Any suggestions or feedback would be greatly appreciated. If this has been covered, a pointer would be great. I tried a dozen times to search, but the anti-spam captcha does not seem to work - I tried visual and audio repeatedly to no avail.


Details:

H.B. Smith series 8-4 boiler with Weil McLain indirect fired hot water tank on its own zone, honeywell R8184 aquastat. 15 [email protected]
 
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Old 03-04-11, 01:18 PM
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I am not an expert here but that honeywell control you gave is the oil burner control. Do you have the actual aquastat #?

Regardless if you not using the domestic coil there is a way to disconnect the low.(If not you can replace the aquastat to a high limit only. This way It will only work off the high and be a cold start boiler.

Others will tell you though, usually a warm start boiler likes to be a warm start boiler. Not sure if leaks will occur or not, but I would think not.

Is your boiler newer?

If you do away with the low then the boiler will only kick on for a call for heat or HW. Right now your aquastat is probably for a domestic coil if the link I posted is indeed your boiler. 180F is the standard for water temp.

Smith Cast Iron Boilers > Residential Products > Series 8

The oil guys will be on soon to give there input.

Mike NJ
 
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Old 03-04-11, 04:52 PM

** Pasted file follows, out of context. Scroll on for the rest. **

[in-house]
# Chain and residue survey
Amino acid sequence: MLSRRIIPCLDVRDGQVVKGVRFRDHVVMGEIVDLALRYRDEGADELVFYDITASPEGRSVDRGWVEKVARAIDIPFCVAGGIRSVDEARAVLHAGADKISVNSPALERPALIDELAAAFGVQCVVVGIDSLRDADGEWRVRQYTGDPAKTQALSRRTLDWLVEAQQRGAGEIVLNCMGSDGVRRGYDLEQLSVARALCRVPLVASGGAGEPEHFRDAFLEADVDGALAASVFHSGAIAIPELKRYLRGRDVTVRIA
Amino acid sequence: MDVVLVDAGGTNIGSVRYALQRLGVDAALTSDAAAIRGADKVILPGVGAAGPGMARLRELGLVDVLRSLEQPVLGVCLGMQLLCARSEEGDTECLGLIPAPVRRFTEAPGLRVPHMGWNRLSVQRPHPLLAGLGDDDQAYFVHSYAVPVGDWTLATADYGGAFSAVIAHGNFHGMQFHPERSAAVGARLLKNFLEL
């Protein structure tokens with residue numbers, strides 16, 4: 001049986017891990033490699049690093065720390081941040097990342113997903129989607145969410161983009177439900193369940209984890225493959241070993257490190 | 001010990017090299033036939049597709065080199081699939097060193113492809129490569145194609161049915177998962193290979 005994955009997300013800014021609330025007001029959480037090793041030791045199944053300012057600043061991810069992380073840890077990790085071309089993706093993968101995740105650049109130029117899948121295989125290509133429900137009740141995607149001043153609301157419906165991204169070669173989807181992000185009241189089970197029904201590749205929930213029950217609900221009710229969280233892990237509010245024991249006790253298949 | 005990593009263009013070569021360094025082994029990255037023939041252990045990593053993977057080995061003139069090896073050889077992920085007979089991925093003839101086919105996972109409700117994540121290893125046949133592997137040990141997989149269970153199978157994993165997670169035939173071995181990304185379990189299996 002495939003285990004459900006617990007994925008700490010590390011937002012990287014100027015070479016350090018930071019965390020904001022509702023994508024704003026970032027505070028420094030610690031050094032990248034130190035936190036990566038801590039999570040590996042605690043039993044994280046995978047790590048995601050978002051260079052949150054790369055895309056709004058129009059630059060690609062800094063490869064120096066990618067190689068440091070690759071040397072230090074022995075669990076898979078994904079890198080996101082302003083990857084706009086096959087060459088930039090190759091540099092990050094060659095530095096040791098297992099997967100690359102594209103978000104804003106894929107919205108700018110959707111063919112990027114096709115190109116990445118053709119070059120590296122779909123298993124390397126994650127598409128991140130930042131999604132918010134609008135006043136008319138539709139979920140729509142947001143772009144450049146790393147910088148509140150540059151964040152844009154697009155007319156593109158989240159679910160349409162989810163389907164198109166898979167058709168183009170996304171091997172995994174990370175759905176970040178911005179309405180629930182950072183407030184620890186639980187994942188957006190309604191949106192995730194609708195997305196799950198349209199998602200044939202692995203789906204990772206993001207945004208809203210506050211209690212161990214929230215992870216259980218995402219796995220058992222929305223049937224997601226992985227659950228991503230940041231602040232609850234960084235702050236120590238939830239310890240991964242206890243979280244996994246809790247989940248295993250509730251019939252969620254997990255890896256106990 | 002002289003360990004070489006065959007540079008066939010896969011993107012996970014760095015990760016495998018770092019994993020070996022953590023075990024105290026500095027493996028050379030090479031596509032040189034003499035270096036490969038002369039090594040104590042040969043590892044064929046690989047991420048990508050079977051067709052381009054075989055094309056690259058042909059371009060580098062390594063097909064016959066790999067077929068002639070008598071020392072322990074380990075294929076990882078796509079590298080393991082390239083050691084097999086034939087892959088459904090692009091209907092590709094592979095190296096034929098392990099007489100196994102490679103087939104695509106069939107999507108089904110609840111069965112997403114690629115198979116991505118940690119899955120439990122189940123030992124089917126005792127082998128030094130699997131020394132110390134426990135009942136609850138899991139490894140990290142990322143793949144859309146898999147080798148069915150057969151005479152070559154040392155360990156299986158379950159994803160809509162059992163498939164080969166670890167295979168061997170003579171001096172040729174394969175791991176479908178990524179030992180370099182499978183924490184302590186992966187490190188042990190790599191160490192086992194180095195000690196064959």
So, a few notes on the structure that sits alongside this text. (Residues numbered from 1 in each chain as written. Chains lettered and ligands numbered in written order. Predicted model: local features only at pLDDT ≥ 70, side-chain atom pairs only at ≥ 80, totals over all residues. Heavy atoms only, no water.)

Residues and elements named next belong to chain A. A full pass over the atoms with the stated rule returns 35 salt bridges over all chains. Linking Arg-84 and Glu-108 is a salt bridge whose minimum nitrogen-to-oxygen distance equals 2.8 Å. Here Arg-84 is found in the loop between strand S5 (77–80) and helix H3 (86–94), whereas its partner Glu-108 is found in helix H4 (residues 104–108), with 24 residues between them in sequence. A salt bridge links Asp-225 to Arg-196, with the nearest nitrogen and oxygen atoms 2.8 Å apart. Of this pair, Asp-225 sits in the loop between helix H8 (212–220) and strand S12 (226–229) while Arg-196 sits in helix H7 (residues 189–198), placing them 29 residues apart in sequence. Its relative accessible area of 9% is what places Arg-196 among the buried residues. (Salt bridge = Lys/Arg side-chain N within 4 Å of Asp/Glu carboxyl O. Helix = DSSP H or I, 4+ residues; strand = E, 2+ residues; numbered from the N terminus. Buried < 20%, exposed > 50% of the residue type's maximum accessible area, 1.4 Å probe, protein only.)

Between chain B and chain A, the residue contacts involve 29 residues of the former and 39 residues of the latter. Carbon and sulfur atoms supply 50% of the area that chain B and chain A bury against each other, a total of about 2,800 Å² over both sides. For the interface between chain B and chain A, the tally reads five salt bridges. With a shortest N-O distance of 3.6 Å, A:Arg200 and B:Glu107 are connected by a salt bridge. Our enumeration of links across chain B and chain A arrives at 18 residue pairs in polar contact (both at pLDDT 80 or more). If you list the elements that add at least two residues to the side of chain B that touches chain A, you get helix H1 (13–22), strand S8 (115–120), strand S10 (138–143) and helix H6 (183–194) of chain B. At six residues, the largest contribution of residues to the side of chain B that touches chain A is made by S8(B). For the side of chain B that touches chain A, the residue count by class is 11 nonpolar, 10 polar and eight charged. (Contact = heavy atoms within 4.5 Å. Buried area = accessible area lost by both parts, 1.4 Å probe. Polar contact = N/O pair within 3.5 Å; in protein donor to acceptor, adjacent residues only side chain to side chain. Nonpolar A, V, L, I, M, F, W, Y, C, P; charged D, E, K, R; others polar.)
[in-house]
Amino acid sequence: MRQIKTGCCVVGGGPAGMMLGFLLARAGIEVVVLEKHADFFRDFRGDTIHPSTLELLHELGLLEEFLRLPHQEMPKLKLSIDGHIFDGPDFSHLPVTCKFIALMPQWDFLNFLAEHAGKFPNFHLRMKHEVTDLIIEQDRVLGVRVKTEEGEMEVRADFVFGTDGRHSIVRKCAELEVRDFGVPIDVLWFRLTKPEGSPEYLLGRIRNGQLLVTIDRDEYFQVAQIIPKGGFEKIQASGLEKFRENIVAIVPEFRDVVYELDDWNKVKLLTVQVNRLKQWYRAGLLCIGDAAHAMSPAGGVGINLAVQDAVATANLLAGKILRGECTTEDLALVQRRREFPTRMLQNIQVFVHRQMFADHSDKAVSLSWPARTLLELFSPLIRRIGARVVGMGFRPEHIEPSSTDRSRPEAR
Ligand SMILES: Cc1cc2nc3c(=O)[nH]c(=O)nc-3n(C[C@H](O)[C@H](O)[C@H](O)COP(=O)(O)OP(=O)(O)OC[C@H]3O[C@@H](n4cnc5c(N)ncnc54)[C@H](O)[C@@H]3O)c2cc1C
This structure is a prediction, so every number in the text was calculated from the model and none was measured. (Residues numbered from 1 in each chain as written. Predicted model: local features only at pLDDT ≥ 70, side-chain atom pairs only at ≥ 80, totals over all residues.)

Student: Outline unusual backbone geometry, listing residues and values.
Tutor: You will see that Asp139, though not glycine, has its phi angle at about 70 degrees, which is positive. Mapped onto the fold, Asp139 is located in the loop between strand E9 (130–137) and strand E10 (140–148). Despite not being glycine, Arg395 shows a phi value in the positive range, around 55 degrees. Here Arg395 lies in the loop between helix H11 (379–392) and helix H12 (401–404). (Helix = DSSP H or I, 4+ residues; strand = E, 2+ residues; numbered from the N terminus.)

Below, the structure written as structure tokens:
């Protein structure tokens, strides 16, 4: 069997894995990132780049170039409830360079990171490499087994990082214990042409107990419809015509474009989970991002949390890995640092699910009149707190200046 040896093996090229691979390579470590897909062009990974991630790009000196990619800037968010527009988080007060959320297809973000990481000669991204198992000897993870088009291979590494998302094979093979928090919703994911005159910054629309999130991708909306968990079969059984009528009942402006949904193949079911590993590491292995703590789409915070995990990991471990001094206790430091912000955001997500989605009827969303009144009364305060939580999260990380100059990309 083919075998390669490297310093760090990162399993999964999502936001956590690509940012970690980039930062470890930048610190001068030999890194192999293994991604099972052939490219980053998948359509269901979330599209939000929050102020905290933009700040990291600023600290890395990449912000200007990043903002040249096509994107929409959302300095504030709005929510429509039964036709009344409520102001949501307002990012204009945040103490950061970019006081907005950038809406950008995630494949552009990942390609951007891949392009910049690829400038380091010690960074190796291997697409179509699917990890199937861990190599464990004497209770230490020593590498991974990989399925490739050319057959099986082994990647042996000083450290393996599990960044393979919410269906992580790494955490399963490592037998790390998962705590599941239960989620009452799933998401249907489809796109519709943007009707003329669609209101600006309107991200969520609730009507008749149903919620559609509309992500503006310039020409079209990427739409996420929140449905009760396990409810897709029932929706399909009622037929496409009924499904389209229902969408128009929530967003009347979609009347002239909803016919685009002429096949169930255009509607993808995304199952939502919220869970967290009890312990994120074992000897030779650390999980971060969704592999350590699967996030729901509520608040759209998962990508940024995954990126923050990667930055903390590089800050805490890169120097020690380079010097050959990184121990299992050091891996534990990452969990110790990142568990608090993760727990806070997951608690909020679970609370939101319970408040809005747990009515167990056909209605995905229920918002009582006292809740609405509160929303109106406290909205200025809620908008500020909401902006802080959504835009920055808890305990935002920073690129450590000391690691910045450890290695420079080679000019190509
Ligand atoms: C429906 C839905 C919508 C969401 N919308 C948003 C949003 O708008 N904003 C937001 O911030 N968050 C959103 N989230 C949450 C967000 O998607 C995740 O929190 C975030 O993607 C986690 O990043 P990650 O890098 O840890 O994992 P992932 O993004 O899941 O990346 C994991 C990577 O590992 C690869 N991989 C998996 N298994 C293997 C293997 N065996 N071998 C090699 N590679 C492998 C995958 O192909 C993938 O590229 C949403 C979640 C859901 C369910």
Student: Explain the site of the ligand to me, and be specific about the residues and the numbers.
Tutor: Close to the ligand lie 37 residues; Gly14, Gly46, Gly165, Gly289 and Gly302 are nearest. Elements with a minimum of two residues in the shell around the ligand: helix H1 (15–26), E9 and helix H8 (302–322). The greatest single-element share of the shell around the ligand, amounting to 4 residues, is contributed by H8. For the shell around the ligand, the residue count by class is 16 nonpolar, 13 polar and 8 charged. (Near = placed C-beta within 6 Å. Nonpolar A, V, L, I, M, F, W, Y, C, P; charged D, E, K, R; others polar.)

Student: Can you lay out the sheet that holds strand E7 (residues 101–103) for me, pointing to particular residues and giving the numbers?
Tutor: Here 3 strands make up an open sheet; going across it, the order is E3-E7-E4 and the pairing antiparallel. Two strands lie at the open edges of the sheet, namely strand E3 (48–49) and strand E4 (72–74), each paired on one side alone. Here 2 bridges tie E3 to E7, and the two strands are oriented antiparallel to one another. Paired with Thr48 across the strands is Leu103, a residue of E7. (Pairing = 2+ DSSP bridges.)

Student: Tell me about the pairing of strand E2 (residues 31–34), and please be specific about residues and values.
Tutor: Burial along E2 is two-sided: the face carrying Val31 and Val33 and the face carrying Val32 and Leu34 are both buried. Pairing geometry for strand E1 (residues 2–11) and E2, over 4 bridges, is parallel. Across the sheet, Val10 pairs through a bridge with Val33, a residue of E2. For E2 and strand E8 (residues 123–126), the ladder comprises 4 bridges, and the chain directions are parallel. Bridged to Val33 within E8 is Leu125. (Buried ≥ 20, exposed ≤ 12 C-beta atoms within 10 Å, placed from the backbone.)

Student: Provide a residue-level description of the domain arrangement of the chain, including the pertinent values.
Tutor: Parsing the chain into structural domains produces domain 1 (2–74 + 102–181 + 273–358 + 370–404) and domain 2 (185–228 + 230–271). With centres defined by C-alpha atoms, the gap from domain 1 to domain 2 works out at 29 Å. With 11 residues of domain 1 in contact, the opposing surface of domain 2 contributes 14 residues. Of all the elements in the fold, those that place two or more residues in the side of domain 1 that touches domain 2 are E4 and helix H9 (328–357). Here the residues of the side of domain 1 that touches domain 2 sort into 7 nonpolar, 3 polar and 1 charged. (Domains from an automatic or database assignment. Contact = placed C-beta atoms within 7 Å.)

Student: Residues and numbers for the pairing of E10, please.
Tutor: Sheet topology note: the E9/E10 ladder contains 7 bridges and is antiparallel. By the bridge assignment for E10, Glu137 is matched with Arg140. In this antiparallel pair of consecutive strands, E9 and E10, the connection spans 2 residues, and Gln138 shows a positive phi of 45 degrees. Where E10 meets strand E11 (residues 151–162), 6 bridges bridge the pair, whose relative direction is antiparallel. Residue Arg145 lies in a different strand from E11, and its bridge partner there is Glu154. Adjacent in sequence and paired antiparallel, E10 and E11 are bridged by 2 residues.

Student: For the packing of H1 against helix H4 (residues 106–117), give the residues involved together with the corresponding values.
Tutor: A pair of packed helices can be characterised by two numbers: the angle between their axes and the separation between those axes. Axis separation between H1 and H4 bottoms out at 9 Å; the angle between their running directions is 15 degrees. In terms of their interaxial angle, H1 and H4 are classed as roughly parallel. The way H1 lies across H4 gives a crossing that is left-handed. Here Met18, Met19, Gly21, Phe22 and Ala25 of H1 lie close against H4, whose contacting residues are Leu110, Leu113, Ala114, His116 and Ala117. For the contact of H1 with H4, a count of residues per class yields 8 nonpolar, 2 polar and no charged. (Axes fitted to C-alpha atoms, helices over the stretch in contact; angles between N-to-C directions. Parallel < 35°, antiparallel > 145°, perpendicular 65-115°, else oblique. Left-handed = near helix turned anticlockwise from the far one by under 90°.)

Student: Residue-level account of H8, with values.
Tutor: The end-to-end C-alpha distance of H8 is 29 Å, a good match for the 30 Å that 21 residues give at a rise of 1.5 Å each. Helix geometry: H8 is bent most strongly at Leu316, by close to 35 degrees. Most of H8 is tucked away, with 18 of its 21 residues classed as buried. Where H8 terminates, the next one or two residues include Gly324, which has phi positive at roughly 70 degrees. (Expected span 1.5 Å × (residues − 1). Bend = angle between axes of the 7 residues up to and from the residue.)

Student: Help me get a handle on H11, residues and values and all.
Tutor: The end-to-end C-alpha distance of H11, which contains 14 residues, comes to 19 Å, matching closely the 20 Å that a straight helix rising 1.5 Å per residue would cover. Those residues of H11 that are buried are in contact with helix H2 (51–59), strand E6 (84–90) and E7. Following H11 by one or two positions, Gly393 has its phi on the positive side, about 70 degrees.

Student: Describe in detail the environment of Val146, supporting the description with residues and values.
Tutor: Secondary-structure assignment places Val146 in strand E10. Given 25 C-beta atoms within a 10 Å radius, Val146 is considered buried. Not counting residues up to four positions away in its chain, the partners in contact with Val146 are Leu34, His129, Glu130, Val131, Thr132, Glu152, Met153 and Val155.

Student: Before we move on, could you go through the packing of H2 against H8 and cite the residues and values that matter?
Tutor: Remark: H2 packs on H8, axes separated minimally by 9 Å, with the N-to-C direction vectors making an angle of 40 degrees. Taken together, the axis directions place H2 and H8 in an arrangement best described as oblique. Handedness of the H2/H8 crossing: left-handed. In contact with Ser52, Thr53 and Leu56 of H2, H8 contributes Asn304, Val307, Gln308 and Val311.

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aquastat model

Sorry about that. I could not find any number on the aquastat, so I assumed the 2 connected boxes were part of a single device - my bad and I know what happens when you make a donkey of me.

Here is a pic of the unit since I am unable to find any number on it: http://i844.photobucket.com/albums/a...g?t=1299286202
(Maybe there is a secret spot with the model number?)



I think it is fairly old, without being ancient, but it is hard to tell by eye. I will try to find a mfg date on it somewhere. Here is the tag
http://i844.photobucket.com/albums/a...g?t=1299286202

The link you posted does match mine, but apparently there is an option to put in a coil for on demand tankless hot water. Mine does not have this option. As I mentioned, the indirect water heater has its own zone and its own circulator (which I failed to mention). I think this means it will turn on the boiler until it gets the heat it needs based on its thermostat, meaning it will fire up and keep going up to the hi limit as long as the DWH is calling for heat.

If I should keep it at a lo of 130 to keep it warm starting, I will. I am more concerned that it has not had a bypass since it was installed, since I can tell that pretty cold water is being introduced into it when one of the cool zones calls for heat, especially first thing in the morning.